It’s always fun to play about, show off, be the centre of attention. Hold court with a tale, with the story well told, that gets better in the telling each time.(Or is that just me?) Those stories come easily, we know where the beats are, where the laughs will come. We love meeting new people, so we can bring out those stories to entertain, to connect. Just with pals, with people we are connected to, there is no pressure to be funny, so being funny is fun.
That is why I revere comedy so highly as an art form. It is difficult to consciously make somebody laugh, when the pressure is put upon you, in the moment. That is why I admire the comedian who returns again and again to the mic. She has to be tenacious, brave, foolhardy and a glorious idiot.
This morning I delivered a workshop on developing characters for comedy. A level three BTEC Performing Arts module where at the end you have to perform original comedy to an audience. Terrifying enough, there is also the assessment that comes with it…
Lots of practical games and exercises some props and a little bit of cajoling. Laughs were had and celebrated but the goods were delivered.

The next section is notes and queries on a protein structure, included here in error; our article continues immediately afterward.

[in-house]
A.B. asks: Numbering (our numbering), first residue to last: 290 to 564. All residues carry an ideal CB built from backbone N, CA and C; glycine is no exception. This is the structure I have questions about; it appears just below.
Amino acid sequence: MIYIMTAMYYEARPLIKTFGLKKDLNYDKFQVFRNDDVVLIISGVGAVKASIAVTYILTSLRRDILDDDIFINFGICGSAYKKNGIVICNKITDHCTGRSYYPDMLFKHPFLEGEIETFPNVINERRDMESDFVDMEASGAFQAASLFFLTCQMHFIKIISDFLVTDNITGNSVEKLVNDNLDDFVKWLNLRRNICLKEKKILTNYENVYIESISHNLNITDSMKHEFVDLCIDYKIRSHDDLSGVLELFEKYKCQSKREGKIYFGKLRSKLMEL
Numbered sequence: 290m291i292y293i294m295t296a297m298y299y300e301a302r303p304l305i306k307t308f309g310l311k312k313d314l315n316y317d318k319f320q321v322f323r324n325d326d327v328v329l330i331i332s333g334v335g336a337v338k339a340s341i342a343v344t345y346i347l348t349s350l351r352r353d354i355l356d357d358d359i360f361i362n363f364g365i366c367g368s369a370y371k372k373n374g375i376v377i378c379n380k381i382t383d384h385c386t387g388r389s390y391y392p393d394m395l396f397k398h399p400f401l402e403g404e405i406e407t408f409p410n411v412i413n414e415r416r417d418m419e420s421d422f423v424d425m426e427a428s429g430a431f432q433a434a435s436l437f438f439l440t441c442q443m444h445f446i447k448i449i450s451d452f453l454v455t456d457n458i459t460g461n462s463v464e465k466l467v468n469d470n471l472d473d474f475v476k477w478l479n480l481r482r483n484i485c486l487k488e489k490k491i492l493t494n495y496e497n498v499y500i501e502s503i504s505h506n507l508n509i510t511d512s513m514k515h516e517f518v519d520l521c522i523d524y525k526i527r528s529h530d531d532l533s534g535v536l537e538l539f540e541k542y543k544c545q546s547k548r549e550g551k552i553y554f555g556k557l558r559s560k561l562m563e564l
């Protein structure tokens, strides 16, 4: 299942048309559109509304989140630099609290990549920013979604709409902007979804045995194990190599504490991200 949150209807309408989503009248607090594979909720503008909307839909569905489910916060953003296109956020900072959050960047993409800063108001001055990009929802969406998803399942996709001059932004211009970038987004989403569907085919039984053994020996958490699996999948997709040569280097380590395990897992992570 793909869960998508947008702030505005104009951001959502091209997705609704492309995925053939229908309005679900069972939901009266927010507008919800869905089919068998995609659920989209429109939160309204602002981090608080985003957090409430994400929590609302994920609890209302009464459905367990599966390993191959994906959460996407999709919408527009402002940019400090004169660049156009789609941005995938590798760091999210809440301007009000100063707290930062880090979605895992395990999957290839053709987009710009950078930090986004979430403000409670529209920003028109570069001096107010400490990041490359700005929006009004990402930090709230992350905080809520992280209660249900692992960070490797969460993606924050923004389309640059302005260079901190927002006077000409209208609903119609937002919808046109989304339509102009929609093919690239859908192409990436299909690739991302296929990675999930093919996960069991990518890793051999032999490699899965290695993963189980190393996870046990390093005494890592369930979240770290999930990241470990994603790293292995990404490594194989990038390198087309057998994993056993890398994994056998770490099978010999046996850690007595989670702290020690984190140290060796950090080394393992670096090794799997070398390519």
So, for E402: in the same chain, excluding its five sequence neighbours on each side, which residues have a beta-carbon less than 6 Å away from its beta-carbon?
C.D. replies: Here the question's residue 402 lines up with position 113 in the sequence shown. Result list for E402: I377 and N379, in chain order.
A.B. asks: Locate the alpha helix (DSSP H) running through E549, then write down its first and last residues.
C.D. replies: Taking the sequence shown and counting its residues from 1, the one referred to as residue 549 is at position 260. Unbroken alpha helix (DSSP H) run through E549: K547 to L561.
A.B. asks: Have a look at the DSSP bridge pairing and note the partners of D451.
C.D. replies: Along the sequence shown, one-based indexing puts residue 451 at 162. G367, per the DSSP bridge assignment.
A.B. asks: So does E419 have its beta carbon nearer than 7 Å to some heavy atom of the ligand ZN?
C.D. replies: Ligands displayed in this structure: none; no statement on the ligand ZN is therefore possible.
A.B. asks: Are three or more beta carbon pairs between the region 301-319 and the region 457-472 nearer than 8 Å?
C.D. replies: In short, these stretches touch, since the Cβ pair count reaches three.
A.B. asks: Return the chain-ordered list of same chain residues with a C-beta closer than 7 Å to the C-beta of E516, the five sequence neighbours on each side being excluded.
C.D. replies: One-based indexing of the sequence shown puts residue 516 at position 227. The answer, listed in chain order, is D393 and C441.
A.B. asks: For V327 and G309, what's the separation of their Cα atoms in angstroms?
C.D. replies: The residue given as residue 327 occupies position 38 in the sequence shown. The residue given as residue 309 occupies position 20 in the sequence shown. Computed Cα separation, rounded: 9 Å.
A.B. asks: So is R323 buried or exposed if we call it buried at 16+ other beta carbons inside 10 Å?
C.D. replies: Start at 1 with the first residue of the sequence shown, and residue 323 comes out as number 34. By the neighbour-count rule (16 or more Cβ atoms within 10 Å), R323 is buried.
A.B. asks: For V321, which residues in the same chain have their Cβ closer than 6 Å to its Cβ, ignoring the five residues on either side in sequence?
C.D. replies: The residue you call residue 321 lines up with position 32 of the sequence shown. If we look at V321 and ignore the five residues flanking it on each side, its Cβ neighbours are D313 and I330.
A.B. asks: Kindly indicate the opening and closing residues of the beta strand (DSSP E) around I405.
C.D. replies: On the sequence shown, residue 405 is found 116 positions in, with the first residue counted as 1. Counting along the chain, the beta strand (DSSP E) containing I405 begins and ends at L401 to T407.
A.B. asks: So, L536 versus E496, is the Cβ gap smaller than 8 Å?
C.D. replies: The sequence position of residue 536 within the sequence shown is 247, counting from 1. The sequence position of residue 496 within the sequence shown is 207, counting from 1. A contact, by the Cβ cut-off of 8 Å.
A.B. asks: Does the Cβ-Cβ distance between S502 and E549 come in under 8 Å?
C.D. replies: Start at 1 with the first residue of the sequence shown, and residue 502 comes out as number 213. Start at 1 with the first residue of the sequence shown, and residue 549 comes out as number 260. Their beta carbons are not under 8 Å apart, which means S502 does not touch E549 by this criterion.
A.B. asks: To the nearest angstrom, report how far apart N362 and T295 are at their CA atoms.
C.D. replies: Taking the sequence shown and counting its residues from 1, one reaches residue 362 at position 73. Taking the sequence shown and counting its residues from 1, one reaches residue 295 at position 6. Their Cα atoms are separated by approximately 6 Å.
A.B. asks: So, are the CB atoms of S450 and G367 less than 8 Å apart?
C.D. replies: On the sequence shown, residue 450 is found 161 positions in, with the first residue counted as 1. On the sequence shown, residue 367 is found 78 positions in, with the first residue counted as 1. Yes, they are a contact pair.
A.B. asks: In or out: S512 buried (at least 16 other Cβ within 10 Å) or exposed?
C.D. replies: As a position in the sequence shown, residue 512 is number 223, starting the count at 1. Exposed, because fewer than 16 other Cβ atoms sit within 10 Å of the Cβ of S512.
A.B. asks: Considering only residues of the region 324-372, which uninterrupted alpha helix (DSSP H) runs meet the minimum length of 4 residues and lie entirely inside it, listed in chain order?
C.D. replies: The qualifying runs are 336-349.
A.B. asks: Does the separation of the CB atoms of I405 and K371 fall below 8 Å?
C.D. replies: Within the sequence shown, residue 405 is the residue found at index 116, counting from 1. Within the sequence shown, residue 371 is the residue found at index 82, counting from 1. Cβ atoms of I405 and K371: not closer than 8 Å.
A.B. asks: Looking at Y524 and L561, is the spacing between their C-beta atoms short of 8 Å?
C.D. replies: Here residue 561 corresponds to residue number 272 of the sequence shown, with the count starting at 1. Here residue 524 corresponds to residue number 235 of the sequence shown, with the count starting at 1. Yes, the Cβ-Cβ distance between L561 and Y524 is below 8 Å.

Then some time looking at some of my favourite characters in comedy, I always like to make a link to laurel and Hardy. There is nothing wrong with that.
YouTube. Comedy was a rare treat when I was at my 6th Form. Swapped tapes and records of Monty Python and Pete & Dud, Friday & Saturday Night Live on Channel 4, everything the Comic Strip and the heroes of alternative comedy did to be sought out. All of this at the fingertips.
If you could recommend you favourite ‘character comedian’ to this group of aspirant fools, who would that be?
If you would like to find out about what workshops and skills session I could bring to your school or setting. Get in contact. Cheers
I got the chance to see Felix Dexter live way back when. He was such a master comedian and actor